Automated docking system selected for Great Lakes e-ferry berths

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Cavotec is to supply its MoorMaster automated docking technology for use with two new-build, fully electric ferries at five berths in Canada’s Great Lakes – the country’s first fully electrical non-cable vessels. One MoorMaster unit will be installed at each of the five berths, where they will be used to dock two new electric ferries that will carry passengers and vehicles between Amherst and Wolfe Islands on Lake Ontario, near Kingston, some 200km east of Toronto, Ontario. MoorMaster is a vacuum-based automated docking technology that eliminates the need for conventional docking lines. Remote-controlled vacuum pads recessed in or mounted on the quayside or pontoons, dock and release vessels in seconds. The technology has completed more than 400,000 docking operations at ferry, bulk and container handling, lock and ship-to-ship applications worldwide. The Amherst Island ferry will be 71m (230ft) long and carry up to 300 passengers and 40 vehicles. The Wolfe Island ferry will be 98m (322ft) long and have capacity for up to 399 passengers and 75 vehicles. The Amherst vessel is due to enter service in 2020, with the Wolfe Island ferry scheduled to do so a year later. According to the vessel manufacturer, Damen Shipyards, the two ferries will reduce emissions by the equivalent of seven million kilograms of carbon dioxide a year. Earlier this year, Cavotec announced orders valued at some US$10.3m for automated docking units for use with electric ferries in Norway. On completion of these projects, the company will have equipped more than 40 electric ferry ports across the Nordic region with MoorMaster. The technology is already in use throughout the 15 locks of the 600km-long (373 miles) St Lawrence Seaway trading route between Canada and the USA, and provides shipping access between the Atlantic Ocean and the Great Lakes.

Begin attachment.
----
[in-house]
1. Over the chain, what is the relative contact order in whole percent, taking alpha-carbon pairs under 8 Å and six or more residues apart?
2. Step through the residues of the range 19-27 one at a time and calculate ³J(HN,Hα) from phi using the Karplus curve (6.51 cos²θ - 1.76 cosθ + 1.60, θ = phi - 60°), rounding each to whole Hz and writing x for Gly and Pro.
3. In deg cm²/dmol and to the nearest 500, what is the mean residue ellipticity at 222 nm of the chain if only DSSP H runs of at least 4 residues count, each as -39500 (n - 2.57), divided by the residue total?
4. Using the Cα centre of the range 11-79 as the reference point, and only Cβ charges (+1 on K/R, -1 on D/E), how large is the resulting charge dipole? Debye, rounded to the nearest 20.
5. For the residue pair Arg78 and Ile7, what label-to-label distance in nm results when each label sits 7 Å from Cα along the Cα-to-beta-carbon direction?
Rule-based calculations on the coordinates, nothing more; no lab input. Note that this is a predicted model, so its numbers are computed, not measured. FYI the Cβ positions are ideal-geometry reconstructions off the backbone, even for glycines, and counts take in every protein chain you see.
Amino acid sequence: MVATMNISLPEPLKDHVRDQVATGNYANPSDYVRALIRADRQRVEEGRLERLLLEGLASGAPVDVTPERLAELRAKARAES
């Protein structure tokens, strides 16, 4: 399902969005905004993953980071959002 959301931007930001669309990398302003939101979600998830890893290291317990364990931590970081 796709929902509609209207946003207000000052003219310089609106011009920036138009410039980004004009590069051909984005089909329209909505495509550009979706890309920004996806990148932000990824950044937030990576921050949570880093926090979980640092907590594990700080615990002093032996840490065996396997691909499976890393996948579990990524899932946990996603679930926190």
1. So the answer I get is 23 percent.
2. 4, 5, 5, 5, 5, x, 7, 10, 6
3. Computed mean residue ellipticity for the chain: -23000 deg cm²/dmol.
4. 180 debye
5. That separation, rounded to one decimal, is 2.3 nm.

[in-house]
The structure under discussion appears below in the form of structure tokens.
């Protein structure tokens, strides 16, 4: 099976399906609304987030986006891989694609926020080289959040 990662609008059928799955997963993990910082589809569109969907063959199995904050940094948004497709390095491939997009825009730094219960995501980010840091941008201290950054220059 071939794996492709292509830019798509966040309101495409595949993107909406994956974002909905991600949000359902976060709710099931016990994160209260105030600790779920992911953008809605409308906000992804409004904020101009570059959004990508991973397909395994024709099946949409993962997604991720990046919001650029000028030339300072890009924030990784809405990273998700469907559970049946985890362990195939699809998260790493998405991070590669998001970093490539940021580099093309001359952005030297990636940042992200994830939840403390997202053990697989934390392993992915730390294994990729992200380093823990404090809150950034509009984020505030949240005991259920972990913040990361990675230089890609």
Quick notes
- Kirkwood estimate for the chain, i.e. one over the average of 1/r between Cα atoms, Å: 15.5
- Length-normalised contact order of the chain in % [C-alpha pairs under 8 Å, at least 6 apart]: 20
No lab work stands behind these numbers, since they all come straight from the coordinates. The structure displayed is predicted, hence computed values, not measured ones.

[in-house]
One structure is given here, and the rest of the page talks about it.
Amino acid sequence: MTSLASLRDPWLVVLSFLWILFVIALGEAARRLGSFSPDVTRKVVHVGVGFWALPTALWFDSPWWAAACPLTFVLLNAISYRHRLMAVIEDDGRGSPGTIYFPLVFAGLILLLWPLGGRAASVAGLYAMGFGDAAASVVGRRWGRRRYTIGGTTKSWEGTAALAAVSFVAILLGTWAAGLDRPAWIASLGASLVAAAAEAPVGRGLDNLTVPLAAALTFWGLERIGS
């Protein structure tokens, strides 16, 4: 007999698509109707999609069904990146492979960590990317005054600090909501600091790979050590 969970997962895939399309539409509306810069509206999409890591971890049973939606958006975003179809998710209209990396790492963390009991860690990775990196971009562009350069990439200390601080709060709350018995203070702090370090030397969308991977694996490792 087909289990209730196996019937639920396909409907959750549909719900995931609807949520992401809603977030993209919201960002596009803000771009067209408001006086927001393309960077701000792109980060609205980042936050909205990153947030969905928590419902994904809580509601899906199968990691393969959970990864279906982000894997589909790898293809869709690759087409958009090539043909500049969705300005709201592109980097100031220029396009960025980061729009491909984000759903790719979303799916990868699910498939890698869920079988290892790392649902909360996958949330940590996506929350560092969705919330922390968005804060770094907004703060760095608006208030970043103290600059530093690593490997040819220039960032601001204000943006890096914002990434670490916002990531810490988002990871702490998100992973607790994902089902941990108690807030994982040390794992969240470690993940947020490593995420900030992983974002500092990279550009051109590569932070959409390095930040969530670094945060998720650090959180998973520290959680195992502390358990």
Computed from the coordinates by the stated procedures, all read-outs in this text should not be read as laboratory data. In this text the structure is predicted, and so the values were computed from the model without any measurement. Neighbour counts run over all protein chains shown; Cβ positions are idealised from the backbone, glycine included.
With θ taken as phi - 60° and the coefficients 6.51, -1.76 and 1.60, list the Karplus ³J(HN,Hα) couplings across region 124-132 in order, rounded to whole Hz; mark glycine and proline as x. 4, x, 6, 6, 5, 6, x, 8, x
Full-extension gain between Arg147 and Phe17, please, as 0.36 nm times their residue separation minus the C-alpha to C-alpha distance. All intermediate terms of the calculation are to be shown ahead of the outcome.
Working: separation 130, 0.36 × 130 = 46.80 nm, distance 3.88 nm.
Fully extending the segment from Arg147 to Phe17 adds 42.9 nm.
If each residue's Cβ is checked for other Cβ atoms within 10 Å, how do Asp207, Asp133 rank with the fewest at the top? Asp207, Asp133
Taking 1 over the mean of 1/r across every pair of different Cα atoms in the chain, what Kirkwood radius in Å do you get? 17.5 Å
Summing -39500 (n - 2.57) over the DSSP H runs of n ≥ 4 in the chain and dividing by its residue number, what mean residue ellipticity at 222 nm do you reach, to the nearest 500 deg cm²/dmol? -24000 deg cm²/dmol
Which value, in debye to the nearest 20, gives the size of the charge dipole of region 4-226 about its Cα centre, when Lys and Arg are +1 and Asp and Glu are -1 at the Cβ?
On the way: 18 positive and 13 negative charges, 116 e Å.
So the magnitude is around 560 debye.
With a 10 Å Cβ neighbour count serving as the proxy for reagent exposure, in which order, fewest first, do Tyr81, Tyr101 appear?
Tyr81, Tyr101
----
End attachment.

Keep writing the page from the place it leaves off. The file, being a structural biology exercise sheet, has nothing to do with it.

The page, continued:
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Dean has been with UKi Media & Events for over a decade, having previously cut his journalistic teeth writing and editing for various automotive and engineering titles. He combines extensive knowledge of all things automotive with a passion for driving, and experience testing countless new vehicles, engines and technologies around the world. As well as his role as editor-in-chief across a range of UKi's media titles, he is also co-chair of the judging panel of the International Engine of the Year Awards.

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